Visualizing Brain Computer Interface Data Using JavaFXDecember 09, 2022
Recently Sean Phillips shared some fascinating screenshots on Twitter and videos on YouTube of Trinity, a JavaFX application he is working on.
He is a software engineer at the Johns Hopkins University Applied Physics Laboratory (JHUAPL), specializing in data visualization for multiple projects. JHUAPL works on various projects, ranging from medical work, building drones, cyber defense, and brain-computer interfaces to cislunar defense systems.
The project that caught my eye is a visual exploration tool to test and evaluate machine learning decision-making and decoding systems.
Based on many inputs, Trinity helps evaluate whether machine learning models produce the correct results. Artificial intelligence is a fascinating technology, but how can you prove that a model is working correctly? How can researchers dive into massive amounts of data to evaluate the results?
Trinity allows users to navigate and explore hundreds of layers in AI models and hyper-dimensional data by visualizing them in 3D.
Trinity is a spinoff of an earlier project, Neurally Enhanced Operator (NEO), so its name was found in the Matrix universe.
Once the tool was created, it became clear it was easily extendable to be used in any project where massive amounts of data need to be visualized. It has now been further adapted to be used with machine learning models, but also to visualize Covid gene classification clustering to make decisions about tissue analysis.
Sean deliberately chose Java to handle big data sets at high speed in a multithreaded environment, while JavaFX provides the 2D and 3D tools to visualize all this.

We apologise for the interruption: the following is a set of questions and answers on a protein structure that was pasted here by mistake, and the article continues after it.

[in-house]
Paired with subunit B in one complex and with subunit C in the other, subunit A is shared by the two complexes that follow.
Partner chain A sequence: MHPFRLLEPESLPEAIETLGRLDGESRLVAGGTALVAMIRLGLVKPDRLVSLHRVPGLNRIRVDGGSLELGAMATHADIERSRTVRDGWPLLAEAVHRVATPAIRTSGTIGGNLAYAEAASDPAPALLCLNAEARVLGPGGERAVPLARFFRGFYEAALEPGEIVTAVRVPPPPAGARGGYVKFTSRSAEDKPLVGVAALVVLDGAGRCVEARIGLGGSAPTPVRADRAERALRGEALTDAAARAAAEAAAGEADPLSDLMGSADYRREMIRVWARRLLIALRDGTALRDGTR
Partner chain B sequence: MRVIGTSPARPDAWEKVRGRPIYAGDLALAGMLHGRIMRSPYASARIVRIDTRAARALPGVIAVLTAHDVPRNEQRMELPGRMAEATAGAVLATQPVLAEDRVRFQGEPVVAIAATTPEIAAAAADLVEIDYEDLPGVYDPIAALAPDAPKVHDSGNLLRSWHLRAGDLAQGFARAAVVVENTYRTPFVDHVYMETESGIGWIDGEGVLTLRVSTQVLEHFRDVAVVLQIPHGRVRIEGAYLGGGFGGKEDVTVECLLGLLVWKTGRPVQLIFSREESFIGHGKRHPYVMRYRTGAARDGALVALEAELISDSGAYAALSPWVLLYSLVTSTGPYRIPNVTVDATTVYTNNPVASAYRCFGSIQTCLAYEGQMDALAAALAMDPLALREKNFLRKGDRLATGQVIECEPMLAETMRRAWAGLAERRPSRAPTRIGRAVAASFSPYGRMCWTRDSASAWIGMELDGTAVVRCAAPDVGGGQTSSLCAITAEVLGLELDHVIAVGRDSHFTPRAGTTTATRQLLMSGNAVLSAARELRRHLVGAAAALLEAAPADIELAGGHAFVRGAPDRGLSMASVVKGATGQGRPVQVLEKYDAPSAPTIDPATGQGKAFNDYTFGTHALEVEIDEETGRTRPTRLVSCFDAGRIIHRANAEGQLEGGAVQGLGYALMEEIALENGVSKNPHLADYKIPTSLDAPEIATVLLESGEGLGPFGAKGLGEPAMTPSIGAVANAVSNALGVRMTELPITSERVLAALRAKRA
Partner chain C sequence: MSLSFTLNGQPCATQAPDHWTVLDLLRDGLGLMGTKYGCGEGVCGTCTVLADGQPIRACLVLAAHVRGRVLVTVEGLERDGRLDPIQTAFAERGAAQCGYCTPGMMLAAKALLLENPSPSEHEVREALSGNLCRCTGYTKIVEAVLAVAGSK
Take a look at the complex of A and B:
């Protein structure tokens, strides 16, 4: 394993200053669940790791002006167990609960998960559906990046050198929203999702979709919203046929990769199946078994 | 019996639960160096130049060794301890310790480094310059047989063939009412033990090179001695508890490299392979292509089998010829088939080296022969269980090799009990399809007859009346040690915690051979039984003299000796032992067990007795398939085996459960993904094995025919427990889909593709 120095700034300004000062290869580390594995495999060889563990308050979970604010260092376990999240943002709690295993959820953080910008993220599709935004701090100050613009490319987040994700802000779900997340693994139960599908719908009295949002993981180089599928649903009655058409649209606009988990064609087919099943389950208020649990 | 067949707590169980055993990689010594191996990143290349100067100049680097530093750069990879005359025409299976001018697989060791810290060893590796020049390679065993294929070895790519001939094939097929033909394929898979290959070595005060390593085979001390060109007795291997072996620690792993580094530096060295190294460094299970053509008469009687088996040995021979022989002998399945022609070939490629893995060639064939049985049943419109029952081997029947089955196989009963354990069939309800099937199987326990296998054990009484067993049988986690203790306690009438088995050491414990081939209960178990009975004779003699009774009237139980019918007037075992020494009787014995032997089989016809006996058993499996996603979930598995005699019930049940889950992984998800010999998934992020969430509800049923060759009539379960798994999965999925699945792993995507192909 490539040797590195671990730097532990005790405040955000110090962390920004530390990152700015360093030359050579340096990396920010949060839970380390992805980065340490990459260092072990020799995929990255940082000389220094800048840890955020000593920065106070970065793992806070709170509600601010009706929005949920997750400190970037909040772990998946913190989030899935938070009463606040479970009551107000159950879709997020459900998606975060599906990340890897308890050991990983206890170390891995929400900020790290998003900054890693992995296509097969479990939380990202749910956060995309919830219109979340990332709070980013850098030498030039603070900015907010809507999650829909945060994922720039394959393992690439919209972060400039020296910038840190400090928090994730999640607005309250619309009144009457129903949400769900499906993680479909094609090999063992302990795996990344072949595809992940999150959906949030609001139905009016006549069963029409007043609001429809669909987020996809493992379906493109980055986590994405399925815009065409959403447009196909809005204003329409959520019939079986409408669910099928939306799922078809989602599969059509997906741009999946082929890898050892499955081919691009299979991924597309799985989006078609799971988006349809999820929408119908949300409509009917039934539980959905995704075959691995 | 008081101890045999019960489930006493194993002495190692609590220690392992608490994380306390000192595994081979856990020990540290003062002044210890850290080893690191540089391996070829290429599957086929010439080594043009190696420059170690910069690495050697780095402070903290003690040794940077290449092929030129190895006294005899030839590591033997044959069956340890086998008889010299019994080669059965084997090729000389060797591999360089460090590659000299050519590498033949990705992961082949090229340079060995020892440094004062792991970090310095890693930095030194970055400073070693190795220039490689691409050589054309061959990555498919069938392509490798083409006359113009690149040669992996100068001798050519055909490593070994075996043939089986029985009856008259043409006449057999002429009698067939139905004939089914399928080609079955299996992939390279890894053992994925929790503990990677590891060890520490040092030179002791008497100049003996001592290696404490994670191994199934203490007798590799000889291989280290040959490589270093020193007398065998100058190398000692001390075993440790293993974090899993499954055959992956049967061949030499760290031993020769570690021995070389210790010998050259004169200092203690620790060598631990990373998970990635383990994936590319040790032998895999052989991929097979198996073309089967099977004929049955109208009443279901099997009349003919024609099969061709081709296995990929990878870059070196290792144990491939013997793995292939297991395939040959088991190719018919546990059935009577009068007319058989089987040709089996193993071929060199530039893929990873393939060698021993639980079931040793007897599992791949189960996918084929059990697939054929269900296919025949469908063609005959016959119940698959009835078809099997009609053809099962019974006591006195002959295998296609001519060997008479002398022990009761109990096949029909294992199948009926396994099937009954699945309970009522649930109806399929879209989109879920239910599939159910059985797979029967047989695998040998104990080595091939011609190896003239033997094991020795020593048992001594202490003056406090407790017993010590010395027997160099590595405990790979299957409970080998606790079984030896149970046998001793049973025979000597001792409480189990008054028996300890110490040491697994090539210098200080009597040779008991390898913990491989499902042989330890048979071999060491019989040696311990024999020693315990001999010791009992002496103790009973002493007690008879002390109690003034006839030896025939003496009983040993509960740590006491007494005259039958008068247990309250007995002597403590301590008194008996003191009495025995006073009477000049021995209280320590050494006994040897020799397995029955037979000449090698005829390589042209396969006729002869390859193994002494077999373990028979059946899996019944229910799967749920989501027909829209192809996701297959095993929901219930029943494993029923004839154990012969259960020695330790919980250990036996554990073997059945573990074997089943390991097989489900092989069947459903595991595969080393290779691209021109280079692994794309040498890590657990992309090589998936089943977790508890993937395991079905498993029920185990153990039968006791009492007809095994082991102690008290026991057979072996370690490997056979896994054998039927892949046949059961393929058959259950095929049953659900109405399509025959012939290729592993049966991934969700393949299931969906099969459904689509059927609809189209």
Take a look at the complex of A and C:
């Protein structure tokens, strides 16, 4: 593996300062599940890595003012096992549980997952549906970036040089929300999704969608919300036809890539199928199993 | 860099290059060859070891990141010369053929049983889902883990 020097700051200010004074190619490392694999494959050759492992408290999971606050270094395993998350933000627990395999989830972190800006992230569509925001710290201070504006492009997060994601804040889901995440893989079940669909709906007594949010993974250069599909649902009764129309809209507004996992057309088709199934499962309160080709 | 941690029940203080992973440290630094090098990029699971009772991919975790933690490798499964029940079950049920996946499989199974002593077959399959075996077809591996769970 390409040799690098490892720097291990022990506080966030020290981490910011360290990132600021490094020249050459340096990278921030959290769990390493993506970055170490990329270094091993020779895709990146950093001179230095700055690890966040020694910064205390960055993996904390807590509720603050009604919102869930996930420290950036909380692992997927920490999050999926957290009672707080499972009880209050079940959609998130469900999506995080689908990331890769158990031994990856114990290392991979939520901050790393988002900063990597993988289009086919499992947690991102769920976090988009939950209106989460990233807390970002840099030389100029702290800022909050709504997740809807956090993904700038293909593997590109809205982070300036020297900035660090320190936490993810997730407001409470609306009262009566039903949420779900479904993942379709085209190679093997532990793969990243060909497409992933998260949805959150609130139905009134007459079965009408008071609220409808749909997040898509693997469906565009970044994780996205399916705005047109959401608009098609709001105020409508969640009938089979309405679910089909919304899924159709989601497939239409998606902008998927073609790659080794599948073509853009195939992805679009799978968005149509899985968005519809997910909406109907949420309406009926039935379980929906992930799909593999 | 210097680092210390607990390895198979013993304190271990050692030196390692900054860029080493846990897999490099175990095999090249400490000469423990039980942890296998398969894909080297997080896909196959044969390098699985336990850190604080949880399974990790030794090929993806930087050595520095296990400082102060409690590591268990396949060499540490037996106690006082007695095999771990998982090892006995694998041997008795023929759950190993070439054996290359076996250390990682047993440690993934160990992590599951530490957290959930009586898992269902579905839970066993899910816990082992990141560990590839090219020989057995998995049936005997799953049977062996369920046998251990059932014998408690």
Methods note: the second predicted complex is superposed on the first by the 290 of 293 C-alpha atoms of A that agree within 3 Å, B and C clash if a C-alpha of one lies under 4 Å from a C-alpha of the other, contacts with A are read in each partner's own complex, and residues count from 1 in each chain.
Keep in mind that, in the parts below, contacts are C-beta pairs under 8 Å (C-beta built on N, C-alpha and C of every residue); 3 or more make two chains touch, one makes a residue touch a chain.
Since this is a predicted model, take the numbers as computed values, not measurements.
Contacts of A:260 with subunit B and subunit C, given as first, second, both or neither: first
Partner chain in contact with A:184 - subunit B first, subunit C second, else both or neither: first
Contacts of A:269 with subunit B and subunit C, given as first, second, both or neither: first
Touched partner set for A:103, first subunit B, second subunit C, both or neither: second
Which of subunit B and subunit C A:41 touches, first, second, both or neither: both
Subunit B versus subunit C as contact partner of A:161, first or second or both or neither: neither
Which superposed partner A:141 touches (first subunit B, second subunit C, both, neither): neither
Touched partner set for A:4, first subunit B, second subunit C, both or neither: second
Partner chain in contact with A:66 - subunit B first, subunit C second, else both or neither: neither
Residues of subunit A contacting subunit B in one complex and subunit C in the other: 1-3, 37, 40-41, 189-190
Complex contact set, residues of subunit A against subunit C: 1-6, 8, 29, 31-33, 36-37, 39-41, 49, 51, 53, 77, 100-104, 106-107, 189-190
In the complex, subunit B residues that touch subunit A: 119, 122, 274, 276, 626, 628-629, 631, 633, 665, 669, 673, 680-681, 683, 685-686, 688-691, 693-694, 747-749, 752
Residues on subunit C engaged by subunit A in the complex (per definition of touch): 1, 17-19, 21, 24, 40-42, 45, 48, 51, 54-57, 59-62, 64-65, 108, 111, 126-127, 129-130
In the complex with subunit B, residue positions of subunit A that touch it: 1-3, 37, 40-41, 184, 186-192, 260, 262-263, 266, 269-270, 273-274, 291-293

What Data is Used
As the tool is used in various projects, we look at one use case: Brain-Computer Interfaces (BCI). For these projects, data is collected with non-invasive (head wraps with many cables) and invasive (brain implants) sensors.
Many of these projects would have been considered science fiction 20 years ago, but now the technology exists and is being researched. In this example, participants wear a non-invasive sensor wrap and look at a screen. Brain data is recorded while test images are shown.
The hyper-dimensional neural signals are captured from the brain, decoded, and mapped to a semantic meaning model. The semantic meaning, quantified as scores within a lower dimensional output, indicate what the image means to the viewer.
For example, how strongly does the viewer feel the image represents a building, or an insect or something edible.
This data can be processed by Trinity as JSON files or via ZeroMQ for live data up to 20.000 messages/second. By analyzing the hyper-dimensional neural data in Trinity and the semantic meaning output produced by the model, the scientists working on the project can evaluate the effectiveness of their models.
The videos below are based on one experiment of 14 minutes that produces a 100MB JSON file with data.
This data set is very dense both vertically and horizontally, with many vectors of data containing a total of more than one million data points.
The first video shows the tool used to visualize the hyper-dimensional input data. These are the raw signals from the BCI collected over a certain amount of time. There are 418 neural signals horizontally arranged from left to right. The Z-axis going "into the screen" is the time. The data close to you is on timestamp 0, and the end of the recording is furthest away "in" the screen.